Old TMAX-3200 films (exp. date 1996) What to do?

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I recently got several old TMAX-3200 films with expiration date 1996. Are they still usable and should I take special precautions when exposing or developing? They have been stored at room temperature.

Thanks, Gert.

-- Gert Raskin (gert.raskin@med.kuleuven.ac.be), March 03, 1999


The films will be 'off'. If they were mine, I would put them straight in the bin. Well, OK, perhaps I might find a use for slow, grainy, foggy film. Try it and see, but don't use the first roll on anything important, just shoot something around your neighbourhood. You might find that setting your meter to EI 200 is about right. You might find that an anti-fogging agent helps, or use Farmer's reducer on the negatives (to get the contrast up to something reasonable).

-- Alan Gibson (Alan.Gibson@technologist.com), March 03, 1999.

I disagree. In my experience, moderately outdated b/w films work just fine. Unlike color stock, b/w film doesn't immediately drift seriously from its original recording ability. If it's less than five years outdated, I wouldn't hesitate to use it (though perhaps not for a particularly important subject.) If it's more than five years outdated, there will be some speed loss and perhaps some fog... And if it's more than ten years outdated, it's probably not worth using.

Caveat: I don't have any experience with outdated TMZ - I'm talking about PX and TX here. It may well be that this ultra-high-speed emulsion decays much faster than old-tech films once it passes its expiration date. Still, if it's only three years outdated, I'd find a less-than-critical application and use it. You might want to rate it a half-stop or stop slower than normal to be on the safe side...

-- Michael Goldfarb (mgoldar@mobius-inc.com), March 03, 1999.

You might find they are no good.

Not based on personal experience, but I have read that with its high speed, this film is very suceptable to natural background radiation of some sort.

Supposedly (and take this with a grain of salt...), all these sensitive emulsions and papers are stored by Kodak in an abandoned salt mine, where they are protected from whatever effects. They are shipped out at peak condition and don't last too long.

I have heard from a number of people in the past who haven't had too good experiences with outdated TMZ.

Run some tests?

-- Tim Atherton (timphoto@nt.sympatico.ca), March 03, 1999.

Toss 'em; they'll most likely be heavily fogged and grainy.

-- John Hicks / John's Camera Shop (jbh@magicnet.net), March 04, 1999.

Re Micheal's post: believe me, I speak from experience. I have noted a number of times in this forum that I find a marked deterioration in TMZ when only 6 months old, kept in a fridge, and well within the 'expiry' date. If it has hit expiry, it is bad. 3 years out of date? I've never tried TMZ that old, but I would expect it to be terrible. Mind you, it would be interesting if Gert tried it, and let us know the results.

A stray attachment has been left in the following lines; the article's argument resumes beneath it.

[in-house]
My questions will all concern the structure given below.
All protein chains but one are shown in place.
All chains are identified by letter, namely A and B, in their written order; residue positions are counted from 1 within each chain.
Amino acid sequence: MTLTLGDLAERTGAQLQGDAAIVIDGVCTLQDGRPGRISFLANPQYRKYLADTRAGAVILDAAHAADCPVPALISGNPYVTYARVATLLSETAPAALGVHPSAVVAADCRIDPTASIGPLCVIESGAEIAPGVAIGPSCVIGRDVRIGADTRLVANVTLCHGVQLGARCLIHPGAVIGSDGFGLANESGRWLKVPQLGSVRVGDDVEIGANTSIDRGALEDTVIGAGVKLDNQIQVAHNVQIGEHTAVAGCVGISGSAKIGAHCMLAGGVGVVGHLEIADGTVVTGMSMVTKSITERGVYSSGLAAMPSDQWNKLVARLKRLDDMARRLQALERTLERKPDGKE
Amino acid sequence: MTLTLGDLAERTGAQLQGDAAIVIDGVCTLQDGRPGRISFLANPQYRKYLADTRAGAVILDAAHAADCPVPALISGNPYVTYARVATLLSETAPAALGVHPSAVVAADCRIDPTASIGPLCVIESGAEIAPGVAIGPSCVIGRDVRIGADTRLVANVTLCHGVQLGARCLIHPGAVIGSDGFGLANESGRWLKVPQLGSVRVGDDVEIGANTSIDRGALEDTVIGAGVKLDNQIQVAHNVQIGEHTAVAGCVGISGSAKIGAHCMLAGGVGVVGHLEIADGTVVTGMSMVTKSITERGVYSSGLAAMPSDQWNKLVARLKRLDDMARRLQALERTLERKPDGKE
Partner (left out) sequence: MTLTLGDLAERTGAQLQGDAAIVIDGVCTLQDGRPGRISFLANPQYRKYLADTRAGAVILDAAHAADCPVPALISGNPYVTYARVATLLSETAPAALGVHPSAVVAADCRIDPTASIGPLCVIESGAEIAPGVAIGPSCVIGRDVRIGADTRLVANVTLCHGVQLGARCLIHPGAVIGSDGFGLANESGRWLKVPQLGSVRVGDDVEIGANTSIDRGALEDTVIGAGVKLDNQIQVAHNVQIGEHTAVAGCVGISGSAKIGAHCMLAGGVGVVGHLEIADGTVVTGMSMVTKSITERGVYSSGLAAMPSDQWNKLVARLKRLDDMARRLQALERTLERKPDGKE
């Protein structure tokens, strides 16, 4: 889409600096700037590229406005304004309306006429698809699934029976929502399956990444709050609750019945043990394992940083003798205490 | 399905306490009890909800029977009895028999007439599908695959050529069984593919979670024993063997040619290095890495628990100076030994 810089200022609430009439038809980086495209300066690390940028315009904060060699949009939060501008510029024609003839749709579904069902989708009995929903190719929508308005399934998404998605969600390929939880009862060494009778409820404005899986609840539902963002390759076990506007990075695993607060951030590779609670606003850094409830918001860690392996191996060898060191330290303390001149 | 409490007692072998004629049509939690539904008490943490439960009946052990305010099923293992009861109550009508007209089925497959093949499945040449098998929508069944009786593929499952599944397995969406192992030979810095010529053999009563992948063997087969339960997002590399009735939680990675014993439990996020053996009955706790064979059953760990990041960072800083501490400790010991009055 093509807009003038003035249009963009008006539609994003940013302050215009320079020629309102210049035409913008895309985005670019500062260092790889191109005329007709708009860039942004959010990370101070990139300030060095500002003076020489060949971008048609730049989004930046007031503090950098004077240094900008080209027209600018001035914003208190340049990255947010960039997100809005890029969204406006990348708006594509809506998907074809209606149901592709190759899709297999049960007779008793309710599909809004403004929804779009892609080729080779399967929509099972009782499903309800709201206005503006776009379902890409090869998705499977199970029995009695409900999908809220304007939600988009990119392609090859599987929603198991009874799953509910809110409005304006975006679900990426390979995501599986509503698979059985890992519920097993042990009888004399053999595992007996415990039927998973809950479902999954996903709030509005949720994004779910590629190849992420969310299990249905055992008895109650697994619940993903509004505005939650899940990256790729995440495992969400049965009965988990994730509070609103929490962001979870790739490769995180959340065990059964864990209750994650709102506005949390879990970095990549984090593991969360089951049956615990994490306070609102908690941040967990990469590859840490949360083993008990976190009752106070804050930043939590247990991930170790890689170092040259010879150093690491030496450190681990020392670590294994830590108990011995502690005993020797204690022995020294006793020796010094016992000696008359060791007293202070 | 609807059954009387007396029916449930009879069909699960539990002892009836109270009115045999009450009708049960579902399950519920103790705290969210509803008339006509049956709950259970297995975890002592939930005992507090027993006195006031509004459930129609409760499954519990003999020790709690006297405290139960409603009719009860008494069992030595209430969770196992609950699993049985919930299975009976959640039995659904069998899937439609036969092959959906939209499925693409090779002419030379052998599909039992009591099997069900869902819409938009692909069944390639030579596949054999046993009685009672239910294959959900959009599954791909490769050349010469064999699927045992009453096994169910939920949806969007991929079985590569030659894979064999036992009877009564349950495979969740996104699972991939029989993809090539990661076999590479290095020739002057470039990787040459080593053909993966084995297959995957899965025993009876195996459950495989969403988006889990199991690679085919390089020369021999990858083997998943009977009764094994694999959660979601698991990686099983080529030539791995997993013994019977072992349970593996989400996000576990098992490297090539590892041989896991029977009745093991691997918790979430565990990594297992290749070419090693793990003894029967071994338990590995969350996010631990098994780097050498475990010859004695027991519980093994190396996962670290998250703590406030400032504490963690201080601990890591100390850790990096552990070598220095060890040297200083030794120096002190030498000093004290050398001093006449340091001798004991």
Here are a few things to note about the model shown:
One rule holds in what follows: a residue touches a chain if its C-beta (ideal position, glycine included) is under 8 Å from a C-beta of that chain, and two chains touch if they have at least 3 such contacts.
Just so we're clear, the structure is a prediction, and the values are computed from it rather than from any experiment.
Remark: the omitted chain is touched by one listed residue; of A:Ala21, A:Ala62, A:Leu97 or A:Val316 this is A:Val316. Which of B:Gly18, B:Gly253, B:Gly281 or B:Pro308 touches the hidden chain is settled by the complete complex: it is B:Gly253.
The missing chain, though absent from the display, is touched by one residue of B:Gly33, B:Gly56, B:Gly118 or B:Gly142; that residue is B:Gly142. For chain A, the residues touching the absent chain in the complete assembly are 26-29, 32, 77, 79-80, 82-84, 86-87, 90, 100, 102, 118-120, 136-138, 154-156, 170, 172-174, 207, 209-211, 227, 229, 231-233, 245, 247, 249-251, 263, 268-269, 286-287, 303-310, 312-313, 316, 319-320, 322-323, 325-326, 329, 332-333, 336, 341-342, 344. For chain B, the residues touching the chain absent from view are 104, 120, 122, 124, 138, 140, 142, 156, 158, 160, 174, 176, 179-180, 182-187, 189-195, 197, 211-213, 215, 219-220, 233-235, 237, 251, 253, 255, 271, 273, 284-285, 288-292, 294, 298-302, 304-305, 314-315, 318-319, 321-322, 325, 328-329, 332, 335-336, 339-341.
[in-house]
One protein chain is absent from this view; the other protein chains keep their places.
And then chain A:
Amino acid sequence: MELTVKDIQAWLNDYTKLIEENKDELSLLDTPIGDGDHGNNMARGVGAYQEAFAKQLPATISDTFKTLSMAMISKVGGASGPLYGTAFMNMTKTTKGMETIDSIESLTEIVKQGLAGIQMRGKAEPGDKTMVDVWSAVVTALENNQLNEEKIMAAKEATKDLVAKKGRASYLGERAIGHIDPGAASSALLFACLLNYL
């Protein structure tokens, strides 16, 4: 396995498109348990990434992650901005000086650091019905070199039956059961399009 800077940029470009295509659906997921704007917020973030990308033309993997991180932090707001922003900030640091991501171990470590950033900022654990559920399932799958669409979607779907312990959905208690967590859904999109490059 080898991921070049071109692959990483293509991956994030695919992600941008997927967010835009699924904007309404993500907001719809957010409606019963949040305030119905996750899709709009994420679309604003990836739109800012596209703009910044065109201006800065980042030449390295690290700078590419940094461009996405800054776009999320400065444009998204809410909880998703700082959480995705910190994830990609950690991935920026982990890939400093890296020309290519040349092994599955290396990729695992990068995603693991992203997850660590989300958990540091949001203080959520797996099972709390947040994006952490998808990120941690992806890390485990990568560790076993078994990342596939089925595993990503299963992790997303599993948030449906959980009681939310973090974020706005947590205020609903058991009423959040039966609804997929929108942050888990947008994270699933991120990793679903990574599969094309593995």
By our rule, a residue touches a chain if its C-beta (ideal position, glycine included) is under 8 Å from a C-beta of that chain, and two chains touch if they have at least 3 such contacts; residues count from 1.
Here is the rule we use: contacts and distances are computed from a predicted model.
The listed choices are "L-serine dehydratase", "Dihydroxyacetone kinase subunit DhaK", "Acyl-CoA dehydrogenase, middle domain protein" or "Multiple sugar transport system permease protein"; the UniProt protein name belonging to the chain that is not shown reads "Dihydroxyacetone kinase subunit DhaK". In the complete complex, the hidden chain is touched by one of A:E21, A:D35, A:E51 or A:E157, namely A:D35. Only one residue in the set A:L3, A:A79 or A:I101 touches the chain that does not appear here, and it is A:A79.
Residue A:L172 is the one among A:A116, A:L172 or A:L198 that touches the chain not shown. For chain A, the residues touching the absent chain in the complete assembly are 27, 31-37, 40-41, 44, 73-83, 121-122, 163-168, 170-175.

I agree with Michael that most B&W films wouldn't be too bad when 3 years out of date. TMZ has a particularly short life.

-- Alan Gibson (Alan.Gibson@technologist.com), March 04, 1999.


Could it be that there is higher background radiation where you store your film? Any stray fuel rods in the back of your refrigerator? ;) I have used TMZ a couple months from expiration with no problems.

-- Tim Brown (brownt@ase.com), March 04, 1999.

It might have been caused by that bit of old cheese I found at the back of the fridge. :-}

A film's life will, of course, depend on its history. I've bought it in blocks, and singly from shops, and haven't kept track of what I bought where. I got through about 30 rolls last year, with many variations in background fog. Some of these can only be seen by comparing a 'new' film with one a few months old.

-- Alan Gibson (Alan.Gibson@technologist.com), March 04, 1999.

Nothing ventured, nothing gained. Just for kicks why don't you take some pics of your dog with 1 roll and see what develops. If they've been stored together it would indicate the condition of the other rolls. (But even if the 1st was good, I still wouldn't use the other rolls for anything super critical!)

-- T Sefton (tsefton@hotmail.com), March 06, 1999.

I tried 2 rolls of them, threw away the rest of the lot. They were too foggy and slow... Thanks for all your contributions, Gert

-- Gert Raskin (gert.raskin@med.kuleuven.ac.be), April 12, 1999.

I've discovered that Ilford Delta 3200 suffers from room-temperature fog. I developed three rolls: two were exposed about a week ago, and were kept in a fridge before then. One was in a different camera for about five weeks, generally at room temperature. All were from the same brick of film (expiry December 2001).

The film stored in the camera for 5 weeks showed much greater fog in the unexposed portions of the film. It is still entirely printable, but it does suggest that the Ilford expiry dates are far too optimistic if the films are stored at room temperature.

-- Alan Gibson (Alan.Gibson@technologist.com), May 06, 1999.

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